Promise of Blood is astounding as a debut.  It isn't quite as powerful at key moments as Sanderson's Elantris was, but for overall quality it's just about level.  They may very well tie as the best epic fantasy debuts to date.  PoB didn't win the Morningstar Award for nothing, that's for sure.

Sunday, June 22, 2014

The Day She Came to Hate the NRA

"The Day She Came to Hate the NRA" is a contemporary horror flash fic that I entered in the 23rd Flash Frenzy contest.  While it did not win, it's probably one of my better attempts to elicit horror in my readers.

Thursday, June 19, 2014

Diversity in the Written Word

I'm taking on the behemoth today: diversity in the written word.  Why am I walking this tightrope?  Partially because I'd like to share my thoughts on the subject and partially because I'd like to hear others' thoughts on specific questions.

I'm a month shy of seventeen years of age, have very pale skin, red hair, the majority of a beard, and both of my parents (still married to each other).  I'm a fairly traditional Protestant who firmly believes in Matthew 5:28 (which basically boils down to "asexual until marriage").

In the world of SFF, I'm fairly standard.  However, my hair color makes me a sort-of-kind-of-but-not-really minority.  The amount of characters specifically described as having red hair is probably a tiny bit lower than the number of red-haired people in the world.  Do I feel that that's a problem?  No.  Can I relate to Rand Al'Thor better because we share a hair color?  Not at all.  Then again, not many people are complaining about diversity of hair color.

Many are complaining about diversity of skin color.  I have mixed opinions on this.  I don't think, unless there's a story reason, the skin color of the characters matters.  Most of the characters I write can be any color you want them to be.  I almost never specify.  Should there be more characters who specifically have skin tones reminiscent of Africans, Asians, South Americans, Aboriginals, etc?  I'm going to ask you that question rather than trying to answer it myself.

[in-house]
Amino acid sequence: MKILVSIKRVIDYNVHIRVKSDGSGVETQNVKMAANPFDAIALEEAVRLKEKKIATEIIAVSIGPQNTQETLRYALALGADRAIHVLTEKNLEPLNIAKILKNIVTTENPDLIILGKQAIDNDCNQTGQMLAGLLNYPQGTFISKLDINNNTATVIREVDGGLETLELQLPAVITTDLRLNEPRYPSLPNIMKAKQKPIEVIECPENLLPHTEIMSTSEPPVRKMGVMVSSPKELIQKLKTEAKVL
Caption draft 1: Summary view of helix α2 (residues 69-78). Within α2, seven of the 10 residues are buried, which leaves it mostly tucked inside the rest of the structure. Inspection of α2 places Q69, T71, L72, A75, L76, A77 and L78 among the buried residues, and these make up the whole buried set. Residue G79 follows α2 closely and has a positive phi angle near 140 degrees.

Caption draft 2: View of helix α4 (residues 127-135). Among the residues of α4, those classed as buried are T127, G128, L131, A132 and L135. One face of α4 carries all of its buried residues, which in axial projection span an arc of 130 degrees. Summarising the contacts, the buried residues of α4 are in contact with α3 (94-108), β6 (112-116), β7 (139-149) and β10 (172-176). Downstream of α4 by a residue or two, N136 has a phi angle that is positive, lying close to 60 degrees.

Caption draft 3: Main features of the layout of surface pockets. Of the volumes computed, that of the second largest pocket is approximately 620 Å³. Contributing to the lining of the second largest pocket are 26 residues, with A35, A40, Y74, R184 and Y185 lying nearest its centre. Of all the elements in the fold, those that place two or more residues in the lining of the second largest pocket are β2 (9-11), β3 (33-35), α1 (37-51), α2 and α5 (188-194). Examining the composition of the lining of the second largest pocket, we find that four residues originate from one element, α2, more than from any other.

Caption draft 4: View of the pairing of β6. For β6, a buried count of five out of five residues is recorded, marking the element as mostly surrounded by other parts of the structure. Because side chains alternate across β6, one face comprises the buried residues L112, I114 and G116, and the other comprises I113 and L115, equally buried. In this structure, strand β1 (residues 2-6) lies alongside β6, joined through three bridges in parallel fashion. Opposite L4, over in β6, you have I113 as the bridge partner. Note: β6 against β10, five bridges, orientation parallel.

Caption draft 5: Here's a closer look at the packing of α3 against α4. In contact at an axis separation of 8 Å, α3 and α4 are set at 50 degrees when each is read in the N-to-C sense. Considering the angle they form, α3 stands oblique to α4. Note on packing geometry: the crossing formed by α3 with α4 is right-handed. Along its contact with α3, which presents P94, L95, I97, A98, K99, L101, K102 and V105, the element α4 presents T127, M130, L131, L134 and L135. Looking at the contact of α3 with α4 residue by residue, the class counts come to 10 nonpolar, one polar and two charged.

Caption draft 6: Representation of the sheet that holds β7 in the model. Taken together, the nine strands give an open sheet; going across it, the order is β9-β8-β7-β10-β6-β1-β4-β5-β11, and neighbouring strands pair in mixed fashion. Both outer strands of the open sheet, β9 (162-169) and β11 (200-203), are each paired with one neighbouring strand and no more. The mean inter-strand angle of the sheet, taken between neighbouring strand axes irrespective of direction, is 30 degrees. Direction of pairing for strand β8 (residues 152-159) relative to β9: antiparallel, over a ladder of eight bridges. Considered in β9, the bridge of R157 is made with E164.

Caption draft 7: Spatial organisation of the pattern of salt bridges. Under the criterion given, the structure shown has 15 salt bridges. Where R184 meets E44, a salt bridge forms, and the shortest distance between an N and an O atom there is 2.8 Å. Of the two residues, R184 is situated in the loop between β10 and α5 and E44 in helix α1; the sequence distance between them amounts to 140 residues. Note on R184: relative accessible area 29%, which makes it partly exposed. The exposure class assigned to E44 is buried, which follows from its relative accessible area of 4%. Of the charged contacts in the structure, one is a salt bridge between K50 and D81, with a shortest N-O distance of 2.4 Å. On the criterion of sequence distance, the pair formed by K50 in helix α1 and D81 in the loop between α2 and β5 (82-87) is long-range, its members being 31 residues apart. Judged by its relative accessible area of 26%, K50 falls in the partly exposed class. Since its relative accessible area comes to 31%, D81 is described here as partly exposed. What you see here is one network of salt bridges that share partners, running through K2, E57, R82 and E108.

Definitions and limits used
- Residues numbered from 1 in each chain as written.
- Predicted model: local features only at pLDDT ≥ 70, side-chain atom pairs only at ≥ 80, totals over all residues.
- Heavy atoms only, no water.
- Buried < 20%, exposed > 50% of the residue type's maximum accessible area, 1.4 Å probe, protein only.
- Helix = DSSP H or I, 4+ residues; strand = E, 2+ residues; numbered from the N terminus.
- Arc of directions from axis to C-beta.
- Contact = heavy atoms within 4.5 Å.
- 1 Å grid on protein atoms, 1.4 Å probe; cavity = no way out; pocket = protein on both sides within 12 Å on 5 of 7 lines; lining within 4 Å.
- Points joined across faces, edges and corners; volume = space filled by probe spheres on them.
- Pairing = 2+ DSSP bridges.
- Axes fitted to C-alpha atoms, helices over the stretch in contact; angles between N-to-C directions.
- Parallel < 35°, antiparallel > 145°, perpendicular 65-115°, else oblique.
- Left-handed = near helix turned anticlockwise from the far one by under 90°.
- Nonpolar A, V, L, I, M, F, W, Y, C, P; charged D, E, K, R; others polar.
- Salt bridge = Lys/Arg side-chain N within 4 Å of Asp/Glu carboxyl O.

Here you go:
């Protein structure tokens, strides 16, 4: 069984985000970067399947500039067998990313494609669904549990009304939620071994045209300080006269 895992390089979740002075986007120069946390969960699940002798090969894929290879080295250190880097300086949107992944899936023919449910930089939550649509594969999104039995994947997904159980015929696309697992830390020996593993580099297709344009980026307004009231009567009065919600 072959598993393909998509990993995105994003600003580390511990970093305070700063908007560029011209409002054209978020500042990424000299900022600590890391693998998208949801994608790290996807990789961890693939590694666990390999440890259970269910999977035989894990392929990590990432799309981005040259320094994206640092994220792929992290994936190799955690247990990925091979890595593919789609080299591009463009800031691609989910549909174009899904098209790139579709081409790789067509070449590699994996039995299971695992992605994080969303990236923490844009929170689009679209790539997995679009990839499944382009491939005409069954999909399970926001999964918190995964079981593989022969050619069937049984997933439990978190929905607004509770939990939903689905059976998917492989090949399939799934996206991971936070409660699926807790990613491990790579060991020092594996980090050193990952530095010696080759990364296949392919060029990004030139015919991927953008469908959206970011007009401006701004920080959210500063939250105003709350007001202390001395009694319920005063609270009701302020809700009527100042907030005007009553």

Culture is a tough point.  It's extremely easy to do it wrong, so my inclination is to tell people that if they are of a non-American culture, if they wish to read fiction of their culture they ought to read fiction written in their ancestral homeland.  This, of course, may lead them to have to learn a completely new language.  I hope that if those readers are fully interested in their ancestral culture that they would be okay with that, but I'm sure that's not always true.  I write mostly northern European culture in my stories.  Should I expand the cultures that I explore through my writing?  A little bit wouldn't hurt, although I'd like to do a good bit of research if I'm going to try to "do it right."  If you can't find any books featuring the culture that you feel most attached to or at home with, encourage others with similar feelings to write.  My guess is that you'll enjoy those books more than the ones that I would end up writing after reading up on foreign cultures.

Now for gender diversity.  As far as I can tell, women in SFF tend to write more YA than adult.  While the number of SFF writers of either gender appears to me to be about the same, men write a decent majority of adult.  However, male protagonists dominate across the board.  My guess is that this is because men tend to write mostly males and women tend to write both males and females.  My proceeding guess is that this is because women take offense to female characters who they feel are written poorly, whereas men don't mention it often.  It would take a while for me to figure out what the exact percentage is, but I estimate that about 25% of my stories have a female protagonist.  Do I feel compelled to write more female characters in light of recent discussion?  A little bit.  I would appreciate if when I write female characters "wrong" that females would then tell me, straight to me, so that I could improve them.  Still, I encourage writers to write characters based upon their stories.  If for some reason a character of a certain gender wouldn't allow you to write the story you want to right, don't feel bad.